The girls will also be facilitated to open up savings accounts in selected banks
PIC: Guests after the launch of the Suubi4Her study in Masaka district. (Eddie Ssejjoba)
EDUCATION | GIRLS
Leaders in the Greater Masaka region have asked schools to give special focus to older girls who enroll in secondary schools. This is meant to help them deal with sexual temptations.
The leaders attribute risky sexual behaviour among older adolescents, especially on enrollment to secondary school, to the increasing cases of pregnancy. Other issues are the high school dropout and sexually transmitted infections, including HIV/AIDS.
The area, including Rakai district, where the first case of HIV/AIDS was first reported in 1982 in Uganda, is still grappling with the scourge. This is evidenced by the increasing new infections, coupled with poverty, high cases of teenage pregnancy, early marriages and illiteracy.
The appeal was recently made in Masaka town at the launch of the Suubi4Her Study, a research project funded by Washington University School of Medicine, US, through the International Centre for Child Health and Development (ICHAD), headed by Prof. Fred Ssewamala.
At least 1,260 older girls who enrolled in secondary schools this year (Senior One) will participate in the study. The girls, between the ages of 15 and 17, are from 42 schools in the districts of Masaka, Rakai, Kyotera, Lwengo and Kalungu.
The project, a combination intervention addressing HIV risk behaviours among older adolescent girls transitioning into adulthood, considers the age bracket at the highest risk and likely to prematurely terminate their education career.
The project supposes that most older girls come from communities affected by poverty and HIV/AIDS. The girls will be trained in vocation skills and be helped to startup small income-generating projects from their respective homes. This will help them raise money to buy scholastic material.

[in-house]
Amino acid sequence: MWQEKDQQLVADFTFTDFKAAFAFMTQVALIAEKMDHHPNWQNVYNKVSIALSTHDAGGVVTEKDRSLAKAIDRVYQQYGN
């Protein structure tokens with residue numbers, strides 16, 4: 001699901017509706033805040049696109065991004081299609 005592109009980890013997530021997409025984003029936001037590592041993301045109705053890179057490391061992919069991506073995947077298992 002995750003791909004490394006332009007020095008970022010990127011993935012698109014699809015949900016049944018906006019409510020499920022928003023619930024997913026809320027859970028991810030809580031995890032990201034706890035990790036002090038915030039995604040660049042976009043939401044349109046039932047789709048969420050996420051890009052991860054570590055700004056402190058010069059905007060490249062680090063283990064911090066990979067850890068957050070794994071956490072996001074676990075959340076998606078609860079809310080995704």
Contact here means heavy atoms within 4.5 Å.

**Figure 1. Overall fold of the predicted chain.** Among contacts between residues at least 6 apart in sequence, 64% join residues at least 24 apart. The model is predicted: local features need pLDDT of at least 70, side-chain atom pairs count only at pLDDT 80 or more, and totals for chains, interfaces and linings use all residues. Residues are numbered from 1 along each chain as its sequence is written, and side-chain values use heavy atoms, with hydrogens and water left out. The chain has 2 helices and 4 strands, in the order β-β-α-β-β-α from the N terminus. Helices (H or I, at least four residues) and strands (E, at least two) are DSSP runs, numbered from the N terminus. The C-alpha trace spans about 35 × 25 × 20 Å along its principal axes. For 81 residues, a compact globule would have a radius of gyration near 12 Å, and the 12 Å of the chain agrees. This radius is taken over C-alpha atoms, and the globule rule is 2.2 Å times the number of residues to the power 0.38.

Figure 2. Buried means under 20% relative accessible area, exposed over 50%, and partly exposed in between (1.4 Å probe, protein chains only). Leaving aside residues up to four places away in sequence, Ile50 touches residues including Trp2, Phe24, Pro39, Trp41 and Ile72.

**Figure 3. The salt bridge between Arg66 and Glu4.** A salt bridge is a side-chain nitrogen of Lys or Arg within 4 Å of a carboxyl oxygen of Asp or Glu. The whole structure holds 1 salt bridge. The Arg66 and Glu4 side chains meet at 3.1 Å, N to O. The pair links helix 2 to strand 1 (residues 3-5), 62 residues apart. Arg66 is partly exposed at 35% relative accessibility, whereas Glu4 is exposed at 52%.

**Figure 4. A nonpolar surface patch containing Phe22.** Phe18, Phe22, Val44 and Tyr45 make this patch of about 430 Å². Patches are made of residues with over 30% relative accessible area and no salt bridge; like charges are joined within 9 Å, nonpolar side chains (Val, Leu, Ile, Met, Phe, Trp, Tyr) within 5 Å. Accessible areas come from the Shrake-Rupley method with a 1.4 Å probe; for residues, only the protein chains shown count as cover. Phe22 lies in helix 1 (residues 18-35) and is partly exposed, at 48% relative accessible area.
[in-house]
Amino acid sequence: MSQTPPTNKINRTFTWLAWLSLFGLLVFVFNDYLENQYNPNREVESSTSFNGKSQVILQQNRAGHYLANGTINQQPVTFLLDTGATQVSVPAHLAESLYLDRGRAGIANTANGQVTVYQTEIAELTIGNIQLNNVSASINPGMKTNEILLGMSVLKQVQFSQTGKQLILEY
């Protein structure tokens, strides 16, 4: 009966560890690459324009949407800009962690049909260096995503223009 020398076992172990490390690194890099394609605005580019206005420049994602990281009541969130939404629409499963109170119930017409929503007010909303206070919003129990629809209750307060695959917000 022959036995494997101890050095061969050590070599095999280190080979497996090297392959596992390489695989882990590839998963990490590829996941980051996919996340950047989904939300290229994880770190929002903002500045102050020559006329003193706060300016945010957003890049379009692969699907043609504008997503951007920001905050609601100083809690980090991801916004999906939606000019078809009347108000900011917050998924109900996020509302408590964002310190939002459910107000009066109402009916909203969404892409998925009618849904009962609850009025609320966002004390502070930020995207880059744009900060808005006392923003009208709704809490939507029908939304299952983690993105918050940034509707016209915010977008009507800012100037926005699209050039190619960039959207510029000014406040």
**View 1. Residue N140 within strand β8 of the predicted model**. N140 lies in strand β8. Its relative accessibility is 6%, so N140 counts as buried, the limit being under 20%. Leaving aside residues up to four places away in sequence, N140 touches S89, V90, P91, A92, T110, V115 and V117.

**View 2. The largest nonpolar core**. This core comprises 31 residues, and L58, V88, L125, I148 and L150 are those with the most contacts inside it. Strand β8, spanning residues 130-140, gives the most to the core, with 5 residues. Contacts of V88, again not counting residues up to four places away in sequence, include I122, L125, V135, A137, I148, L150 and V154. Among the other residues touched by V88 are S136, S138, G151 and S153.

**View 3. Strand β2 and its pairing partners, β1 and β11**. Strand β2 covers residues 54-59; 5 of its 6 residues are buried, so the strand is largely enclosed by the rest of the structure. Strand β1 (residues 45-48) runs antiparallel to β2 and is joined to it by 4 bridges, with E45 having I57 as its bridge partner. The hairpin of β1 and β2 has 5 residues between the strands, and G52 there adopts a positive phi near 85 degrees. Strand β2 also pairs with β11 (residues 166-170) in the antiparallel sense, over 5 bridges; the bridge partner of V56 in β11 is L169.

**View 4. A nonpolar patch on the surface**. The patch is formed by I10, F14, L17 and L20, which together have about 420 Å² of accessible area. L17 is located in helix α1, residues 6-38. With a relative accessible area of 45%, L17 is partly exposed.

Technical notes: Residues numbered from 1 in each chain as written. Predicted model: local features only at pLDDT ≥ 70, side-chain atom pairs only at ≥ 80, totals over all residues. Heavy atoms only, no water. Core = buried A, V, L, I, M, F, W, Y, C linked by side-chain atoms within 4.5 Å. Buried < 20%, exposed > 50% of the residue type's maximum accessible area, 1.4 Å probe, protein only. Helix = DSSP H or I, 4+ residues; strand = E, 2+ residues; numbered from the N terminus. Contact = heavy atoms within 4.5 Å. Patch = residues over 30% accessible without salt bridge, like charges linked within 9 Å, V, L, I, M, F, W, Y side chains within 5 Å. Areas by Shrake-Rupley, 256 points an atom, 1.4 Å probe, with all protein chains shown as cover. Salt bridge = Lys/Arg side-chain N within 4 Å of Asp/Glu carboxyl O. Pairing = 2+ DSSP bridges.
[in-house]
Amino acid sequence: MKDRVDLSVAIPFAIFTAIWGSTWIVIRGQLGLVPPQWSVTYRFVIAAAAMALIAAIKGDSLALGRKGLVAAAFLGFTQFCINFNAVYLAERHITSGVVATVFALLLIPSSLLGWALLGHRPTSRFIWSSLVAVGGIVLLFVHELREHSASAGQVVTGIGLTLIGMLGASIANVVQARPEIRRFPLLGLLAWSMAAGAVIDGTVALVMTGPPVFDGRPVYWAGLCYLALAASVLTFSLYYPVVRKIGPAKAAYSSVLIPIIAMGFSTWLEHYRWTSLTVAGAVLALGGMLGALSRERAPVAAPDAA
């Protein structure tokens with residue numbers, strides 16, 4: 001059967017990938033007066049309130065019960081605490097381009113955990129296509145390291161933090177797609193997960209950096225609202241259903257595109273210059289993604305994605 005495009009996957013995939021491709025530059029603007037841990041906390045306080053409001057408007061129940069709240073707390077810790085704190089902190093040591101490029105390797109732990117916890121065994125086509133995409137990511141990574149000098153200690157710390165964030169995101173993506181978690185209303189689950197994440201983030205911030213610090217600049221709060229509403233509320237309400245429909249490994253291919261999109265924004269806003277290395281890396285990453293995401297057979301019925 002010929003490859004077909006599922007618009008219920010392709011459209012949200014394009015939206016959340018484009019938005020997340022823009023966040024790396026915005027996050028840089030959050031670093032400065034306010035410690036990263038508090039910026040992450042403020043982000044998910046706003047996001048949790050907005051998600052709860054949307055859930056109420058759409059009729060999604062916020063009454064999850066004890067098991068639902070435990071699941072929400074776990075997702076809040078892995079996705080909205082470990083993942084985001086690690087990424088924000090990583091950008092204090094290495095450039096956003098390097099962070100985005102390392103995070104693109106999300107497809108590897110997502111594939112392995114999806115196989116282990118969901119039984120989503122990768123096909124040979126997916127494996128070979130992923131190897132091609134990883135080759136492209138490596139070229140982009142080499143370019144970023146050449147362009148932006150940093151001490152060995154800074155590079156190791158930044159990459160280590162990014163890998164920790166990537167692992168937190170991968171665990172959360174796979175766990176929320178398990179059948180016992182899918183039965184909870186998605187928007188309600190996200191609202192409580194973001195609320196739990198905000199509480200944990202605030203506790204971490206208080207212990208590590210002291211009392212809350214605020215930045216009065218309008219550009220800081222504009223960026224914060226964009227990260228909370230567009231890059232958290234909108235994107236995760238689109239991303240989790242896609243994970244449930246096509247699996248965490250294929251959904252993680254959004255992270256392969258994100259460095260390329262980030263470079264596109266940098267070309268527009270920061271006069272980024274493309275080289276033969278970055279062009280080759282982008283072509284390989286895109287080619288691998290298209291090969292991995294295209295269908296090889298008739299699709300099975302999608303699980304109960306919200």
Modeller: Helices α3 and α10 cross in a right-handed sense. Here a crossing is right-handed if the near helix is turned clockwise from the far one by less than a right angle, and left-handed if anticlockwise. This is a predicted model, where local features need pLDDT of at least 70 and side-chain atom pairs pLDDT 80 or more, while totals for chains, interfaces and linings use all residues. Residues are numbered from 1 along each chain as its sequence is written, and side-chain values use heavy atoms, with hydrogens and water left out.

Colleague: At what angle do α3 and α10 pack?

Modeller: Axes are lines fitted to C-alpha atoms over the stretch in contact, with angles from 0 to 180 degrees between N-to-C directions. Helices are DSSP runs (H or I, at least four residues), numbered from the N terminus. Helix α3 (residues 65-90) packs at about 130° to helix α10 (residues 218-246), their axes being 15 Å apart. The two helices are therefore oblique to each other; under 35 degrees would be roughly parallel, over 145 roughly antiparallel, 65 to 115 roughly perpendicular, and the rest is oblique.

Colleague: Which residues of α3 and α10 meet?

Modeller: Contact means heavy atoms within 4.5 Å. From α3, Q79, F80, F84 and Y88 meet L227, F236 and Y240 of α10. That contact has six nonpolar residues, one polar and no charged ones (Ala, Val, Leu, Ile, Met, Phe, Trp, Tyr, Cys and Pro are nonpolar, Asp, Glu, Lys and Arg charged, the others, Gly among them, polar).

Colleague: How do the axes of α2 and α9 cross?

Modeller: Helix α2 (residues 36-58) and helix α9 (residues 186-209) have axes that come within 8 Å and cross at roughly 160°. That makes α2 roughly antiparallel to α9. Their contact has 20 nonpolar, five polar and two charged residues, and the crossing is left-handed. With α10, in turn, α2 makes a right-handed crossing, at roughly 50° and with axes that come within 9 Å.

"This empowerment will enable them have their own sources of income to meet personal and educational needs rather than expect men to assist them,"Jennifer Nattabi, one of the project co-ordinators, said.
The girls will also be facilitated to open up savings accounts in selected banks on which they will be required to deposit savings with the help of their guardians and relatives. The project will in turn match the savings with a contribution of $10 at a one-to-one incentive basis.
Prof. Fred Ssewamala addressing participants at the launch of Suubi4Her study
The savings are meant to help the girls meet their education expanses and microenterprise development including startup capital for small projects like chicken or goat rearing, piggery and crafts making.
Haji Yusuf Mayanja, the vice-chairperson of Kalungu district, said many school girls in his district fail to even complete their first year in secondary school because they become prey to men who lure them out of school to marry them at an early age.
Godfrey Kayemba, the Mayor Masaka Municipality appealed to teachers, parents and communities to help teenage girls live their dreams of pursuing education.
"We should embrace this project, especially the aspect of adding on the income-generating projects that will be set up for the girls," he said.
Prof. Ssewamala said the girls in the study will receive standard health including HIV screening.
Those who will be found positive with sexually transmitted infections (STI) including HIV, will be facilitated to get medical treatment including antiretroviral therapy (ART). The project will make follow-ups visits to ensure that HIV positive girls on ART adhere to treatment.
In addition, according to Prof. Ssewamala, the project will provide regular sex education, which he said is expected to reduce risk behaviour and improve education performance.
Political and religious leaders, headteachers, community and opinion leaders from the five host districts attended the ceremony. Also, ICHAD signed a memorandum of understanding with headteachers of the selected schools on how the project will be implemented.